Waco Mammoth National Monument is part of the National Park Service U.S. Department of the Interior. This gained National Monument status in 2015 making this a new unit of the National Park System.
The Park itself is situated on 100 acres of wooded land along the Bosque River. The park has a visitor center which mainly serves as the bathroom as ticketing, gift shop and Ranger interaction has moved outside due to the Pandemic. Tents have temporarily been set up to handle the crowds to allow for more social distancing.
History: Paul Barron and Eddie Bufkin first discovered the Mammoth site while out searching for arrowheads and fossils along the Bosque River. They found a huge bone that was sticking out from the Ravine. They knew their find was unusual and took it to Baylor University’s Strecker Museum (know known as Mayborn Museum Complex). The staff at the museum identified their find as a femur bone from a Columbian mammoth. The mammoths lived during what is commonly known as the Ice Age.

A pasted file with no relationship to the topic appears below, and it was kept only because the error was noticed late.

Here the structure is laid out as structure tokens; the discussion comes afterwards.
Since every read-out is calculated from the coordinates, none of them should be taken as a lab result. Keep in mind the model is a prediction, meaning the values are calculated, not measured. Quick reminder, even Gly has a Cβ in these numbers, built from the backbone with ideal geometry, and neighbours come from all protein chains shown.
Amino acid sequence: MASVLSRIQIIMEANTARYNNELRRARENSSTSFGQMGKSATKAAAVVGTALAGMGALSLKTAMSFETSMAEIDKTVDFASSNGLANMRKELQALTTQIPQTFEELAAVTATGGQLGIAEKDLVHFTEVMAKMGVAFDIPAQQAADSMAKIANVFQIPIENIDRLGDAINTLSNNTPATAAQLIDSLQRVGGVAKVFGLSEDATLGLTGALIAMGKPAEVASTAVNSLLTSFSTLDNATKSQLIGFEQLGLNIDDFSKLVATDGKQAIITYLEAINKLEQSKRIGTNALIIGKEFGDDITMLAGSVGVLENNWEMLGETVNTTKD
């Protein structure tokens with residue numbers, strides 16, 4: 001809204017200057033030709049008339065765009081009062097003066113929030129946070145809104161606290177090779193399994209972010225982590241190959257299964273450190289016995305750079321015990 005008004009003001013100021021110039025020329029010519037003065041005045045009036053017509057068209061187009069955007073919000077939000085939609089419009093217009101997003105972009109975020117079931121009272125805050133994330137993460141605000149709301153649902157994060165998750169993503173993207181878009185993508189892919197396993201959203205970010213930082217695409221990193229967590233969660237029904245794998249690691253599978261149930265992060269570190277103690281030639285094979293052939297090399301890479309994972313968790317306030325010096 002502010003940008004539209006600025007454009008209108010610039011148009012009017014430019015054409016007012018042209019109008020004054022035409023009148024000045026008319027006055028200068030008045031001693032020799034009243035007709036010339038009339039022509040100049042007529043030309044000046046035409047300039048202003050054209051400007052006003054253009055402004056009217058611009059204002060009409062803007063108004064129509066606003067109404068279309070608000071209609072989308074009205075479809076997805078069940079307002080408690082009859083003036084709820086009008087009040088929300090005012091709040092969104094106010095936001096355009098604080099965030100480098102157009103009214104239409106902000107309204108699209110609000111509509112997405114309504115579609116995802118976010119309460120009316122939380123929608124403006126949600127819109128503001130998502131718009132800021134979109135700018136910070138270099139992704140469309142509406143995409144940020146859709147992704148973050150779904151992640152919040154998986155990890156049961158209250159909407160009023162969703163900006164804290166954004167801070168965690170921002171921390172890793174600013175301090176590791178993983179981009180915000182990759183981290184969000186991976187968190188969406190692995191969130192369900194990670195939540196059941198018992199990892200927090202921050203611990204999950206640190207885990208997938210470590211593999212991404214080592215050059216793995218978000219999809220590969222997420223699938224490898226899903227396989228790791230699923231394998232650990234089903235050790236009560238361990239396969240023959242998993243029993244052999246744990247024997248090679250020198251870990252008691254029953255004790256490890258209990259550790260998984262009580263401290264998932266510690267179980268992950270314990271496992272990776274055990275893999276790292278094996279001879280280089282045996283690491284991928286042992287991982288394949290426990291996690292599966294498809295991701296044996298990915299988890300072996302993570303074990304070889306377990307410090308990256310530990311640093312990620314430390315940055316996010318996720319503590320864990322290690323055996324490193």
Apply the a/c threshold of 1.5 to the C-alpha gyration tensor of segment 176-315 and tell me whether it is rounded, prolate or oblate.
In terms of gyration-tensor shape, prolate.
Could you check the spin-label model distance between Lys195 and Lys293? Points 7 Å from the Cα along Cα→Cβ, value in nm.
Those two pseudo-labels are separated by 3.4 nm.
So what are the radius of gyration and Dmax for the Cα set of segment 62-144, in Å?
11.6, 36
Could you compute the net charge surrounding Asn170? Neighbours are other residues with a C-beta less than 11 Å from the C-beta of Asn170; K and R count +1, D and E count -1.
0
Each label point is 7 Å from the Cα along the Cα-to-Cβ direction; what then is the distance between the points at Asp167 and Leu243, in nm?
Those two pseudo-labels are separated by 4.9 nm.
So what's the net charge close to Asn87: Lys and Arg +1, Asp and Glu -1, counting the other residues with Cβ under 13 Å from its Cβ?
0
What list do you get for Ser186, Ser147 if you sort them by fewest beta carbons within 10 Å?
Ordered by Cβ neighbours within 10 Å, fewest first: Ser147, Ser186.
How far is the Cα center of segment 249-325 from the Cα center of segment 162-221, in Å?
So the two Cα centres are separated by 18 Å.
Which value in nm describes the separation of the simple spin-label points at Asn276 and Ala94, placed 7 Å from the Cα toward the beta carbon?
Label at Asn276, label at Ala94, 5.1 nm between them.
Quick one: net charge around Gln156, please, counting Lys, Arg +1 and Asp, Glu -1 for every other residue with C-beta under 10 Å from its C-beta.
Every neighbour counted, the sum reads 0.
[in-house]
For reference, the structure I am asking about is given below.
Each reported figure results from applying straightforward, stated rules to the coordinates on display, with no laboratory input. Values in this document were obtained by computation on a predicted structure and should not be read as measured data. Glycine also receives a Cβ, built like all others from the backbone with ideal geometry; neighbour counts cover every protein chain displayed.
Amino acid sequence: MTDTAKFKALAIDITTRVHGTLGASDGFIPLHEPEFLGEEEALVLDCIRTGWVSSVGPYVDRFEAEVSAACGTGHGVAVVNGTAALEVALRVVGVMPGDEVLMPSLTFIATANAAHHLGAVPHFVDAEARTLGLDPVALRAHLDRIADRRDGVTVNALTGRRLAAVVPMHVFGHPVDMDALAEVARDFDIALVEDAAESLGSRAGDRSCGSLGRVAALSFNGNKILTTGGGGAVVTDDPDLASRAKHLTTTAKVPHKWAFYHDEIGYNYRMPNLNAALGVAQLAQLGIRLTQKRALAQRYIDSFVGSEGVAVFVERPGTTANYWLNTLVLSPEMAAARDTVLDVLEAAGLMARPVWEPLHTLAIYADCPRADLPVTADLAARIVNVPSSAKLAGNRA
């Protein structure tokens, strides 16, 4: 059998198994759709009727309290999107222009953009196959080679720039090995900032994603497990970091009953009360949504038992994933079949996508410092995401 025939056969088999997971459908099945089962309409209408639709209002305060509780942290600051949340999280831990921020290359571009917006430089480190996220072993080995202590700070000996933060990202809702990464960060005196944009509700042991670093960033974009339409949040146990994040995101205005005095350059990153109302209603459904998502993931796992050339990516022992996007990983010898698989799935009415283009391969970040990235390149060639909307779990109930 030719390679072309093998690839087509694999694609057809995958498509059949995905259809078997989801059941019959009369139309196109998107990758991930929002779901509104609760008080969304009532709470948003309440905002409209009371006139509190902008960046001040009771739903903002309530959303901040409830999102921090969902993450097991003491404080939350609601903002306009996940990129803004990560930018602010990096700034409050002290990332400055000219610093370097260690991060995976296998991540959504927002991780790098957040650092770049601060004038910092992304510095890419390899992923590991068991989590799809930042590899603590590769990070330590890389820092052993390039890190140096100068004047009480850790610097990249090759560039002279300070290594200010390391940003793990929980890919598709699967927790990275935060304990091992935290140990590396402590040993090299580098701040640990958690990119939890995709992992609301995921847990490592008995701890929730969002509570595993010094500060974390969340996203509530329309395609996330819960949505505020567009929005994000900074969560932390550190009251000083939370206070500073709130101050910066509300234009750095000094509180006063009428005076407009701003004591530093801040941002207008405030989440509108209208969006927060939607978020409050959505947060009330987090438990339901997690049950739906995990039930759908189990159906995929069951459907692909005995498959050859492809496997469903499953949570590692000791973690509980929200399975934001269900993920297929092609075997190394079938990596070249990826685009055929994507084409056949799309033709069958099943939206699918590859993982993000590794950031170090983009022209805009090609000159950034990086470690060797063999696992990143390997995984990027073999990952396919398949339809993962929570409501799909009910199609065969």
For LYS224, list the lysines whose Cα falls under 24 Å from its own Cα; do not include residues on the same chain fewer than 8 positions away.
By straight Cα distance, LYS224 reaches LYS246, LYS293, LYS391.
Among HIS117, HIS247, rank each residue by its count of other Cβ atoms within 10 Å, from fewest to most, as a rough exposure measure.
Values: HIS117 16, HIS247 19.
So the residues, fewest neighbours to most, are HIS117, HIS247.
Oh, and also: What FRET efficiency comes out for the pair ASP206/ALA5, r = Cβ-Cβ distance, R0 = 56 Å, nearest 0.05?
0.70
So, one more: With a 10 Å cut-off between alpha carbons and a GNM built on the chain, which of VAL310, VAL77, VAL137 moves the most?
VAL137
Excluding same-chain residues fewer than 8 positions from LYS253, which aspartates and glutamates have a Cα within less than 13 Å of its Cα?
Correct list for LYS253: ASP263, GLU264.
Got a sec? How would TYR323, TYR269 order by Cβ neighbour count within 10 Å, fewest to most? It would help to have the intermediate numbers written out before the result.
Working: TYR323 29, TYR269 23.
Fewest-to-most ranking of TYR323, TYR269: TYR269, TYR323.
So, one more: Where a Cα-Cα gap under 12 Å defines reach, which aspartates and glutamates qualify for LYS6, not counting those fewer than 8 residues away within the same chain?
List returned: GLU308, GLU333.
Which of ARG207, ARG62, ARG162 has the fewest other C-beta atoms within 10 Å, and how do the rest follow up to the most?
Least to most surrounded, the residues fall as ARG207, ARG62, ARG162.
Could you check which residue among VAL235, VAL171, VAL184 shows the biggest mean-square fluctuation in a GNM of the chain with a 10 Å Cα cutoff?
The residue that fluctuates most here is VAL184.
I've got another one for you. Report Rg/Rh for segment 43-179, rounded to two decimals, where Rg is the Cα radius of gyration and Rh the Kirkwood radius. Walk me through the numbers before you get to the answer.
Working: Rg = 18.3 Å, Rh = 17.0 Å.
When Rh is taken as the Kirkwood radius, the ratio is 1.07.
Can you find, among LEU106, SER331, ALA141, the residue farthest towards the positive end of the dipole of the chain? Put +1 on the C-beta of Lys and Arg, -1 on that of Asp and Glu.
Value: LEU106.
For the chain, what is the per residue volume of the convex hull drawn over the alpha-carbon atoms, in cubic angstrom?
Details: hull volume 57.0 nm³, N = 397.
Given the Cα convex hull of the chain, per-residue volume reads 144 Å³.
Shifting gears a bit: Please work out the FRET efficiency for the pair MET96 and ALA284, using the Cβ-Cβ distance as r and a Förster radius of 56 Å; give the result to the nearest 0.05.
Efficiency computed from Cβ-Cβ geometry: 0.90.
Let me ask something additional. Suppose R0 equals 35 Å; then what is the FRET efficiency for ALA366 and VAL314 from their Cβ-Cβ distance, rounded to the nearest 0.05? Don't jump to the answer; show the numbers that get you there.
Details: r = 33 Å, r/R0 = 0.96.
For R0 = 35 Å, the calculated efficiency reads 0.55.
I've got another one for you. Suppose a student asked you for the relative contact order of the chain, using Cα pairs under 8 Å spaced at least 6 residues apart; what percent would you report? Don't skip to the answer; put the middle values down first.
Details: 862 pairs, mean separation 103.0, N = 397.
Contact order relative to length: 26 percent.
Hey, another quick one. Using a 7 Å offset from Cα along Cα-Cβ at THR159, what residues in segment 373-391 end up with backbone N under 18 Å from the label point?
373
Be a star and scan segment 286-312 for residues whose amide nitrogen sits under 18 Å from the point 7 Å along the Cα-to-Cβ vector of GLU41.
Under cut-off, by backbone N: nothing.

Baylor staff immediately organized an excavation of the site. The remains of 16 Columbian mammoths were discovered between 1978 and 1990. The mammoths found during this time can now be found at Baylor University’s Mayborn Museum Complex. The fossils discovered after 1990 still remain at the dig site for viewing.
Scientists are still uncertain how all of these mammoths died at the same location. Human interference has been ruled out. One theory is that they all dies during a flash flood which explains the other animals found at the site.
If you are interesting in visiting the Waco Mammoth National Monument while in Waco, check out the official website for hours and ticket information.
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